This is where Haley has a critical chance to challenge strongmen like Kiir and Kabila where others have failed. In addition to pushing for reform of the UN’s peacekeeping operations, she must confront the ineffective conflict resolution approach used by the Obama administration and others before it, which accepts authoritarianism in exchange for a thin veneer of stability. She must lead a push not only for peace, but also for peacefully handing over the reins of power. And she must work with like-minded allies to hit rogue regimes where it hurts — with targeted financial sanctions. There is still time to save South Sudan and the DRC from the Obama era’s bungling before it’s too late.

This week Nikki Haley, our ambassador to the United Nations, visits two countries on the brink of becoming the world’s next failed states: South Sudan and the Democratic Republic of the Congo. Her trip comes as optimism for South Sudan has faded as the six-year-old nation, famously “midwifed” into existence by the Obama administration, has sunk into a civil war between forces loyal to President Salva Kiir, a member of the Dinka ethnic group, and his former vice president, Riek Machar, a Nuer. The conflict has generated the biggest exodus of civilians in the continent since the Rwandan genocide of 1994 — despite the presence of 17,000 UN peacekeepers.

Meanwhile, the DRC has just been voted onto the increasingly irrelevant UN Human Rights Council, even as president-turned-strongman Joseph Kabila has — once again — postponed elections in a bid to keep a grip on power. Elections were due to take place this year under a transitional agreement aimed at stopping renewed violence in a country torn by ethnic conflict in the central and eastern provinces, which has resulted in the displacement of more than 2.5 million people.

But Africa has more often than not been a place riven by conflict — why should America care about the fate of these two far-flung countries and why is President Trump sending Haley there when our own nation is in dire need of reform? According to the UN ambassador herself, the trip is meant to scold both leaders and make it clear to them that their behavior won’t be tolerated anymore. But unofficially, Haley’s trip is the first act in a long-standing revision of Obama-era policies, from stopping wasteful spending to cutting ties to dictators.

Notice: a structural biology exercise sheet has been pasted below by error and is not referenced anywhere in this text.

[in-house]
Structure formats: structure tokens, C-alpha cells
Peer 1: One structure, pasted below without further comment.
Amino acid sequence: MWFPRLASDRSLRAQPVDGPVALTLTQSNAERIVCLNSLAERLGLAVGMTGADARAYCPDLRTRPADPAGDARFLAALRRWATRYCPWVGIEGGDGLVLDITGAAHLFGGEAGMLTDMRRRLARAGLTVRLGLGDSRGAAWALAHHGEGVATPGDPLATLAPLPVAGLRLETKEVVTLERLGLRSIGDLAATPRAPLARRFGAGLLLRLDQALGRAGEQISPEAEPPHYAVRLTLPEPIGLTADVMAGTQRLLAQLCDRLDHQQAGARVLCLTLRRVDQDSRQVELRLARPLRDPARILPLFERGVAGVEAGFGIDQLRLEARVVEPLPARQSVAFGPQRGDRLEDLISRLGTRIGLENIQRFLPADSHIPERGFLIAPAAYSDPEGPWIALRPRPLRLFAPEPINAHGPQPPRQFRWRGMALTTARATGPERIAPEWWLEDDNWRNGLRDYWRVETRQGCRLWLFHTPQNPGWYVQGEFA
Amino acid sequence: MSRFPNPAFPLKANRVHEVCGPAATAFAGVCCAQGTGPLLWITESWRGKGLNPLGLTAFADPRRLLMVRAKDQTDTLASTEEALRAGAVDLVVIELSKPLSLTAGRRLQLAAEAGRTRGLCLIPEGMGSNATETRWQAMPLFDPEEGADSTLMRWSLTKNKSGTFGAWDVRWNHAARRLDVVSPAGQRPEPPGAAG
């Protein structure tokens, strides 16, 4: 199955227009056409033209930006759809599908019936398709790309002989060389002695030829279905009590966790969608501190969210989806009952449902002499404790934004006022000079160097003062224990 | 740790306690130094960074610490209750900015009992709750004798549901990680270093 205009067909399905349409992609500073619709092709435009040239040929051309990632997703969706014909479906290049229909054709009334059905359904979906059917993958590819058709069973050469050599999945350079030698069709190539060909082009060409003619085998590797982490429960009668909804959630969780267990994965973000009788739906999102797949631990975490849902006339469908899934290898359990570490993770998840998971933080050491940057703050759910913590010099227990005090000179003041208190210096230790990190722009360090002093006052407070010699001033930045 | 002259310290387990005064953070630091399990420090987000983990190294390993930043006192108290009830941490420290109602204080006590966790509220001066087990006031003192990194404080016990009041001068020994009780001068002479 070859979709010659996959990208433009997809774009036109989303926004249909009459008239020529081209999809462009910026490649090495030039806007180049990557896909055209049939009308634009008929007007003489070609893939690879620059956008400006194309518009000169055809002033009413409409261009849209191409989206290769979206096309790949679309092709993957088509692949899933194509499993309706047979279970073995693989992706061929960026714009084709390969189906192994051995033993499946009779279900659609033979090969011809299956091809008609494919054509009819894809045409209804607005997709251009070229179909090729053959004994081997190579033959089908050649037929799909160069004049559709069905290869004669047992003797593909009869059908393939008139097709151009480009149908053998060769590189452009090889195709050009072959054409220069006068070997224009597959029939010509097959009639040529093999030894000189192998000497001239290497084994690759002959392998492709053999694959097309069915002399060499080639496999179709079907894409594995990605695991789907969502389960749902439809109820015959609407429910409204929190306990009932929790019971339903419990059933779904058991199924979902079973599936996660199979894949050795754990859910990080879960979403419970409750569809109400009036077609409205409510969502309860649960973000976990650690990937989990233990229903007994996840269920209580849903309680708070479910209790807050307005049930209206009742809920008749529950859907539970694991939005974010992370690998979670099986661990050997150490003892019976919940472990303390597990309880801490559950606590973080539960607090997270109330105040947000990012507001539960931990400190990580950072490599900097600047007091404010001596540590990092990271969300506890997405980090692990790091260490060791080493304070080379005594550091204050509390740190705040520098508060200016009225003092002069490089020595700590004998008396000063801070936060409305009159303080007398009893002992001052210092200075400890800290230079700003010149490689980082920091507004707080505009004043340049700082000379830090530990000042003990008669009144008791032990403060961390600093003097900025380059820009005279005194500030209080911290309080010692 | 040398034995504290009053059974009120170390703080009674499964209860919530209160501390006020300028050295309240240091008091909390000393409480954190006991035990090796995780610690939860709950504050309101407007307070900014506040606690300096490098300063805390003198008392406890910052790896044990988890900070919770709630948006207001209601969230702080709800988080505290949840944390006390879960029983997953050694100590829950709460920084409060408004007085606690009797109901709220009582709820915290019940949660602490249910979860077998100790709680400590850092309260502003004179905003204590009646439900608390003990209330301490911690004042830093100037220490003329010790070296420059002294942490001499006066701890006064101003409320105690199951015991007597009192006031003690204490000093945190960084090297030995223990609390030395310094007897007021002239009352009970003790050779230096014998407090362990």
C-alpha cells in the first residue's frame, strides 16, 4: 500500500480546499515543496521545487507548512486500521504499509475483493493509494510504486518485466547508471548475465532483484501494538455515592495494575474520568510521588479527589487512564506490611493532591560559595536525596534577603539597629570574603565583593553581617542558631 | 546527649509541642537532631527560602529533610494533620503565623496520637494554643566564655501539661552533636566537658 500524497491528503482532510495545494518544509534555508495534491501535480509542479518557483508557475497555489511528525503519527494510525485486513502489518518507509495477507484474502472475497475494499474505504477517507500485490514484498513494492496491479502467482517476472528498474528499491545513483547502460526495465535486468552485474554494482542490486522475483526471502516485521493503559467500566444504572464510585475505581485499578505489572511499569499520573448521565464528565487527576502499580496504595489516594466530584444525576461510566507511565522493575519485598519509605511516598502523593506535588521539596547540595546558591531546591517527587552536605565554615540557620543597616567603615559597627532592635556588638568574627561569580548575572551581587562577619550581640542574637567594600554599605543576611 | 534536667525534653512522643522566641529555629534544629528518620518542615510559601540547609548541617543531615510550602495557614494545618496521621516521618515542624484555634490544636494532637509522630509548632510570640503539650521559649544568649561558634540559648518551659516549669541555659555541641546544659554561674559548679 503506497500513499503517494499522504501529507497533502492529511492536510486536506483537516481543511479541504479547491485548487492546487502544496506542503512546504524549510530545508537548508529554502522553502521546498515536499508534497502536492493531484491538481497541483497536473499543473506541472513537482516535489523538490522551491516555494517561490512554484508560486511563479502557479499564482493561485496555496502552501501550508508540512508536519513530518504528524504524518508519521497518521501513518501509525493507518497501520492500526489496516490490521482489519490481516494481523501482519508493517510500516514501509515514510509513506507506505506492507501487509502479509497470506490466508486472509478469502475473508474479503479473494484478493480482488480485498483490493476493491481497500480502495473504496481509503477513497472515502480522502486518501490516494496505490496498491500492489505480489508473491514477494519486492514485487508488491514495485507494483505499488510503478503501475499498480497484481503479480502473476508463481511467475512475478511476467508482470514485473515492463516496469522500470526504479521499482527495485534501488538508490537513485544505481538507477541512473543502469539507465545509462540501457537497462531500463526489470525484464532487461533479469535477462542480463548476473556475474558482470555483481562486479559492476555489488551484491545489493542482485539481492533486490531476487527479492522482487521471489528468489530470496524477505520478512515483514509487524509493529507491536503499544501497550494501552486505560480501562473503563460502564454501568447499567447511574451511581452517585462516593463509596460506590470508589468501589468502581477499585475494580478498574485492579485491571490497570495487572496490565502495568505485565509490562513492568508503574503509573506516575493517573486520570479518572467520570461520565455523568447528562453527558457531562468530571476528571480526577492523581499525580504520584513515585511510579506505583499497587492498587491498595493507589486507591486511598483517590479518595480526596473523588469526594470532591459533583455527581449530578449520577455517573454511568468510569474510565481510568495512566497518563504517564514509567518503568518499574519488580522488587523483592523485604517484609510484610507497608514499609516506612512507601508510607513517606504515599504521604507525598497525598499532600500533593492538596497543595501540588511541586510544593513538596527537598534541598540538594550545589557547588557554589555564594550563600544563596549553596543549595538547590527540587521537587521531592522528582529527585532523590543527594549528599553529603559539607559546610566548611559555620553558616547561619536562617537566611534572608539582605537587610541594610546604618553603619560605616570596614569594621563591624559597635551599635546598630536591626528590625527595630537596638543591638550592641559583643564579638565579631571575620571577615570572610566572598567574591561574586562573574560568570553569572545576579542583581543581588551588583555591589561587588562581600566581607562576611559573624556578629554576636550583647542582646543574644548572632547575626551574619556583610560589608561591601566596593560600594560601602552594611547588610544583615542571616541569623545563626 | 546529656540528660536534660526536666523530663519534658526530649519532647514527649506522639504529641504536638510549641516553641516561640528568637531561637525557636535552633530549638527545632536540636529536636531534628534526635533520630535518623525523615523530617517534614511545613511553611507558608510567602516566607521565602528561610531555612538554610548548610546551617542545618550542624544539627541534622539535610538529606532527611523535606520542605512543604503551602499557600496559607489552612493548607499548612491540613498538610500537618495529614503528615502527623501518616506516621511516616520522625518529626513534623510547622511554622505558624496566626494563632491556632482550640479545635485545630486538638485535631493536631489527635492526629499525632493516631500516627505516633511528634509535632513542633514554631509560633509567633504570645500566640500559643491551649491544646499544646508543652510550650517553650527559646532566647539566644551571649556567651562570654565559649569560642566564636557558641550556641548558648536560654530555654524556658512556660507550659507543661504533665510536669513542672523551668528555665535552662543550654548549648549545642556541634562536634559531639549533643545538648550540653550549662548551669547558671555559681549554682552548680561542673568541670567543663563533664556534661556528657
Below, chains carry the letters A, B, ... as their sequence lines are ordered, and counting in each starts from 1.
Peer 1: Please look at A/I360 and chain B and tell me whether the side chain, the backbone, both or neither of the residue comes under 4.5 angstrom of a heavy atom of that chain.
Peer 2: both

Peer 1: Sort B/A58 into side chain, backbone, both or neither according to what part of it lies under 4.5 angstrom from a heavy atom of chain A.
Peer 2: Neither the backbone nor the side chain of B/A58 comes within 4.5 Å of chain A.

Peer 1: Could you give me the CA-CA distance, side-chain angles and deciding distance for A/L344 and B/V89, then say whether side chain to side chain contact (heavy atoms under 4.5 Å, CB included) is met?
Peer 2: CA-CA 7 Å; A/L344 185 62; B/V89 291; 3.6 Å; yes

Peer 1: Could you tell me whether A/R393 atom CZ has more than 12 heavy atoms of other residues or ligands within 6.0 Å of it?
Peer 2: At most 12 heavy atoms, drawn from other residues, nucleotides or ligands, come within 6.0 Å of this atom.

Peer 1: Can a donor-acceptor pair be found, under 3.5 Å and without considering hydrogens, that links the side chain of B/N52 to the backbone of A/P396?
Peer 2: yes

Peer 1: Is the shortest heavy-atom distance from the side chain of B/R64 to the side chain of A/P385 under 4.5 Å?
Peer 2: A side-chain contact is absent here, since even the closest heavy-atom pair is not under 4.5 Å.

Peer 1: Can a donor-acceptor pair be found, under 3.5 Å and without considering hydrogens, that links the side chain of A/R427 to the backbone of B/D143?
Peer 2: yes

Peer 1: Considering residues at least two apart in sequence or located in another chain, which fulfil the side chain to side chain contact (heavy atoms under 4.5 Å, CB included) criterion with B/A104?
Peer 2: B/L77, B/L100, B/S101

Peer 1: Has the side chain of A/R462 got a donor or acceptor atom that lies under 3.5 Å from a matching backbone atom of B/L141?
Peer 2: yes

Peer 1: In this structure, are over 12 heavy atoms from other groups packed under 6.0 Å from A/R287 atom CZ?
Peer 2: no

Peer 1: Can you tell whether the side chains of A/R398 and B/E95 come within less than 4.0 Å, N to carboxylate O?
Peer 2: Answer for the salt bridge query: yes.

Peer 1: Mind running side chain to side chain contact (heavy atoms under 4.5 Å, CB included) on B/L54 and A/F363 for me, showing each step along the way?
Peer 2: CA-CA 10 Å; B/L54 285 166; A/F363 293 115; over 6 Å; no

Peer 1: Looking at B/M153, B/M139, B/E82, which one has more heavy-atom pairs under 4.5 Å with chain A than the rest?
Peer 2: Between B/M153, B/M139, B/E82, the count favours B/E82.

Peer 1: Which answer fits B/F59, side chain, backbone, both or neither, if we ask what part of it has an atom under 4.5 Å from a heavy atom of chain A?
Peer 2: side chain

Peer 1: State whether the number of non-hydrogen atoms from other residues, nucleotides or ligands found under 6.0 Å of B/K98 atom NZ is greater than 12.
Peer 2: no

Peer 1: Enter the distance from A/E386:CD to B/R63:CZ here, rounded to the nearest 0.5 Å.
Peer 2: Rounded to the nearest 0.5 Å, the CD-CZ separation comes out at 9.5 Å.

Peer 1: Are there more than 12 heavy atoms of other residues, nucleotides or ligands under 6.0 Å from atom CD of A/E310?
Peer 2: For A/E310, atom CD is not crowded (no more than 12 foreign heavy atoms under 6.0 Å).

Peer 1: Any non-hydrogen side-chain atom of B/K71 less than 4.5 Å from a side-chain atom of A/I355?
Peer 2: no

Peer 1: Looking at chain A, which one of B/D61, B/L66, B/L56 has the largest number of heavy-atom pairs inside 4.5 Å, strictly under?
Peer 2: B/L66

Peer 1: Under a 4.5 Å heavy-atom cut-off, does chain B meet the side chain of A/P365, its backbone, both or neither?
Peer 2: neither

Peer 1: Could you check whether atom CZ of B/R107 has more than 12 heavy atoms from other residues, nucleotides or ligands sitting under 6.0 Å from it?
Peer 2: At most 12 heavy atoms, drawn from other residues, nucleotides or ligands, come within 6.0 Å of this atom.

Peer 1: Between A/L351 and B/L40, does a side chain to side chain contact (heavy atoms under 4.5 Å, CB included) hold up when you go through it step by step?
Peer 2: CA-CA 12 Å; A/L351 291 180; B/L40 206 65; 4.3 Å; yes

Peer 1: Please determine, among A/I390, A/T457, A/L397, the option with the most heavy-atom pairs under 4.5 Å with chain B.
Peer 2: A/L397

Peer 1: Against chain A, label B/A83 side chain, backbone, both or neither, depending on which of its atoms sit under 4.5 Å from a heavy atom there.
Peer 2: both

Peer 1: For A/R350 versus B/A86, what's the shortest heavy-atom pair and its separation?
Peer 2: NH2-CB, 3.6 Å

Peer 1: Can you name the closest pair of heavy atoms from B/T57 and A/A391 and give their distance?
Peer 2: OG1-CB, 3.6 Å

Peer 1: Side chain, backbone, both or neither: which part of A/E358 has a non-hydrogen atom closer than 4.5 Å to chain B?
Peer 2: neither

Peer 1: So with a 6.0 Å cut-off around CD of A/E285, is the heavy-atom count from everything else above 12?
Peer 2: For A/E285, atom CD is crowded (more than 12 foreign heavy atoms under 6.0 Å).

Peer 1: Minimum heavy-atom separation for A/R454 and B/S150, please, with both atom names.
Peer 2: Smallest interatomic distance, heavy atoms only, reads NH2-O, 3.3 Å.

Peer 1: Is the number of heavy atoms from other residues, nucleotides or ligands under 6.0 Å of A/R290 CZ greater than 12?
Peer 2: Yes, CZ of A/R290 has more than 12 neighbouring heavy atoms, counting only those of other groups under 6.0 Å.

The U.S. is already blowing more than $2 billion per year on peacekeeping efforts in the DRC and South Sudan, money that has not stopped both countries from going down the drain. When Haley first announced in June that the U.S. had reached a deal with the UN to slash $600 million from the yearly peacekeeping budget of more than $7.5 billion, she was submerged under a deluge of criticism from liberals who said she was “gloating” over the budget cuts. But given the UN peacekeeping missions’ dismal track record, she’s done well to question what American taxpayers are really paying for.

Last month, the UN was slammed by fresh accusations that it botched its response to claims of sexual misconduct against peacekeepers in the Central African Republic (CAR). The Blue Helmets deployed there had the highest number of misconduct accusations in the world last year. Adding insult to injury, an AP investigation published earlier this year found nearly 2,000 claims of sexual abuse by UN peacekeepers over the past 12 years. Not to mention the devastating cholera epidemic brought by Nepalese peacekeepers to Haiti. Yet because of a culture of impunity and policies stipulating that contributing countries, not the UN, must carry out investigations, only a fraction of those accused were ever prosecuted.

Given such a track record, if the UN isn’t willing to reform its broken peacekeeping system, then Haley shouldn’t be afraid to dangle even more U.S. funding over their heads until they’re ready to do so.

But even effective peacekeeping will never work if Washington continues the Obama administration’s failed model of supporting aspiring autocrats — which helped bring about the predicaments we see today. In 2011, South Sudan gained independence with the robust support of the Obama administration — support that inexplicably never faltered, even years later, as the country devolved into civil war with most atrocities carried out by government soldiers. Even liberal commentators have since labeled South Sudan one of Obama’s biggest failures.